Non-exempt workers are often more under scrutiny in terms of the tasks they perform during the workday. Since you are paid by the hour, you are expected to work during those hours and not have conversations with your colleagues around the water cooler. If you are constantly pushing yourself to overtime, the employer might start wondering what you are doing – they will have certain expectations in terms of what you can achieve during the normal work hours.
The overtime must be paid according to the law. Under current US federal law, the non-exempt employee who works over 40 hours in a workweek, must receive 1.5 times his or her regular rate of pay for the overtime hours. So, if a non-exempt worker works for 50 hours a week, they will receive a normal rate of pay for the 40 hours and 1.5 times the normal rate for the extra 10 hours.
Furthermore, non-exempt workers can have better protection from national and local laws. In the US, the Department of Labor’s Federal Minimum Wage and Agricultural Employment law specifically targets non-exempt employees. For the employers, the non-exempt status often means stricter recordkeeping requirements – this is specifically in terms of the work hour records of the employee.
WHAT DOES THAT MEAN TO YOU?
In fact, what does this mean to employees and employers?
The employee – what’s the deal?
As an employee, if you are exempt, you will be expected to perform the duties listed in your contract whether or not your job takes 35 or 55 hours. You can’t expect to be paid extra – you will receive a pre-determined salary and any additional benefits the employer provides, but you won’t legally be entitled to overtime pay. As mentioned above, your employer might provide it but it is at the company’s discretion, not mandated by the law.
This means you’re expected to perform your duties as mentioned in your job contract and you’ll receive the salary you’ve agreed in the contract. If your duties require more work than the hours agreed on your contract, you can’t expect any extra pay.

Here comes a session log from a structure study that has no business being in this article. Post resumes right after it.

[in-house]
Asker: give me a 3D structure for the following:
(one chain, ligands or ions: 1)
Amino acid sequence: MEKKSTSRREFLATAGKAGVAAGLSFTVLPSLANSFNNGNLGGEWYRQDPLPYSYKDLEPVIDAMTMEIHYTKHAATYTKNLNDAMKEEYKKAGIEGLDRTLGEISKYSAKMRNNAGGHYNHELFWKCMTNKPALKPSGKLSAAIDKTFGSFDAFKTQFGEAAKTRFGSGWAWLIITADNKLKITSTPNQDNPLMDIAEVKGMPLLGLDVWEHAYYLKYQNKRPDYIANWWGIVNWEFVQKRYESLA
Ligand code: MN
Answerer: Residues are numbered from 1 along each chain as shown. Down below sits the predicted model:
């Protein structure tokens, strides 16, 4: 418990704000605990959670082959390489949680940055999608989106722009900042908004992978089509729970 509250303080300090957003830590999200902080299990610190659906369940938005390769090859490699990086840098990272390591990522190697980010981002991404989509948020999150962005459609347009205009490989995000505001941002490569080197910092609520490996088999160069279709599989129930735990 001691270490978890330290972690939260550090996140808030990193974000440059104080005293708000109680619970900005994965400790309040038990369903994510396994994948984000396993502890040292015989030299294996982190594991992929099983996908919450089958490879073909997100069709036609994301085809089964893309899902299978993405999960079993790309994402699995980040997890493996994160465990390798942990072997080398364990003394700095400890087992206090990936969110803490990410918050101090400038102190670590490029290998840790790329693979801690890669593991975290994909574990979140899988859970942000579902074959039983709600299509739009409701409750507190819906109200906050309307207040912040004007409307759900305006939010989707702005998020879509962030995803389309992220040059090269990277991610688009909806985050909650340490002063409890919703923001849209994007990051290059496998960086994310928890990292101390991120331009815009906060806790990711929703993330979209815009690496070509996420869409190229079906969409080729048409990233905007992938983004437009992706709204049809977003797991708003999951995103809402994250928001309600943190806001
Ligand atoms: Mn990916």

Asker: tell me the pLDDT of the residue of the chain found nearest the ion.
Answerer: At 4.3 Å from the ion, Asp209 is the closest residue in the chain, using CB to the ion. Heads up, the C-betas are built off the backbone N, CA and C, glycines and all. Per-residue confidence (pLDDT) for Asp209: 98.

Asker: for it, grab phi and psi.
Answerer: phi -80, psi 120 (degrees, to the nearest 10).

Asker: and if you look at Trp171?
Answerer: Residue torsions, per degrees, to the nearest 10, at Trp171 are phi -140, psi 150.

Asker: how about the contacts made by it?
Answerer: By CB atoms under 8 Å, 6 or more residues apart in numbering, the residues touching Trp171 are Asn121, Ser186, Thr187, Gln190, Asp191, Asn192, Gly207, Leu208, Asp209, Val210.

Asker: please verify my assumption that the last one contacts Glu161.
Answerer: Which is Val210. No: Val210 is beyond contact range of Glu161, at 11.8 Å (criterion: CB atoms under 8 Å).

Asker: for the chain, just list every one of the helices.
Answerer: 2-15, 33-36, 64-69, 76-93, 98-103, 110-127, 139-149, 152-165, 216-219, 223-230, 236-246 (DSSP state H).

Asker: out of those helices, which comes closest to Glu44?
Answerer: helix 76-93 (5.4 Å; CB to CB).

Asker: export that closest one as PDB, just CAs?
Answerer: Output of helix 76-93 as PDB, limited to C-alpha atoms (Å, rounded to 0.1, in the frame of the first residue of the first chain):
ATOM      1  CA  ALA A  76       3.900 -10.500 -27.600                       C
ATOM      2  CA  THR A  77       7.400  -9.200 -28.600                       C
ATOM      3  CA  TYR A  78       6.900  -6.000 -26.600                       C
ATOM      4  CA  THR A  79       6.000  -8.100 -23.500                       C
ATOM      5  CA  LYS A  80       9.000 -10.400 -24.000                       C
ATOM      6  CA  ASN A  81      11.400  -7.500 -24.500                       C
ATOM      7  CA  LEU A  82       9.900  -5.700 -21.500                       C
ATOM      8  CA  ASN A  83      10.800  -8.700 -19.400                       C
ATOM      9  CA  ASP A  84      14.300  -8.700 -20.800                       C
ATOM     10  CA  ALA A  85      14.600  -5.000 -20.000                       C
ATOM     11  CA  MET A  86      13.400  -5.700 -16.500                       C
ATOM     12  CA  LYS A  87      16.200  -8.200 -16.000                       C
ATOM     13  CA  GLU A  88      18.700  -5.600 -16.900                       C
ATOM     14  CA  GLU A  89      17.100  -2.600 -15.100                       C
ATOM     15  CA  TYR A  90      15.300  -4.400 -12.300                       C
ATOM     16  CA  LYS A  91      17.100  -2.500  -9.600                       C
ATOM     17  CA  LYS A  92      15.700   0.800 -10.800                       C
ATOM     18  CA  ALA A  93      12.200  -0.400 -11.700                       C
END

On the other hand, as a non-exempt worker, you will be paid at least the minimum hourly rate – or any other hourly rate you’ve agreed in the contract –and a different rate for any overtime you do. If it takes you longer to perform the required tasks, then the employer will have to pay you for those extra hours you work. You might be paid a salary or receive your pay based on the hourly rate – naturally, the employer can provide any other extra benefits they want.
Generally, exempt workers receive a higher salary on average, which might make you want to pursue exempt status. This is because there is an expectation that you’ll perform your duties whether or not it pays extra and therefore, the employer is prepared to pay more upfront.
However, whether the non-exempt or exempt status is the right for you, is really down to personal preference and your current situation. As you could see from the different conditions associated with exempt status it might not always be even up to you or the employer – law is the law. It is, of course, helpful to understand the employment laws before you sign the contract.
In terms of unemployment benefits, you are generally entitled to the same payments whether you’ve been an exempt or non-exempt employee.
The employer – what’s the deal?
For the employer, the difference is more evident in terms of the rights of the employee. As mentioned above, the non-exempt workers might have better protection under the law and the record-keeping responsibilities are often more rigorous.
For example, an employer doesn’t have to keep an official record of the hours an exempt worker works. Of course, the minimum wage is something the employer has to account for in the case of non-exempt workers. With exempt workers, the salary can be set according to industry standards and the employer’s wishes and capabilities.
However, it must be noted there are general health and safety laws that naturally apply to all workers in the workplace. Furthermore, laws such as equal employment and child labor laws are in place whether you are a non-exempt or an exempt worker.
Since employers have to pay more for non-exempt workers in terms of overtime (remember the salary for these hours has to be 1.5x the normal rate), it helps them to try to avoid overtime. On the other hand, in terms of exempt employees, the employer always knows how much they have to pay each month – the salary can’t go up even if the employee has to stay for longer hours.
THE BOTTOM LINE
The difference between exempt and non-exempt workers is essentially down to the level of responsibility in the particular job. It’s also often an indication of the person’s status as a professional. It most clearly shows in the payment and especially in the overtime payment structure. While exempt workers are not qualified for overtime payments, it doesn’t really mean their salaries are worse – in fact, it is often the opposite.
Since the conditions to qualify as an exempt worker are signed into law, as an employer or an employee you won’t have much say over what your status will be. Nonetheless, these concepts are important to know when it comes to understanding your employee contract.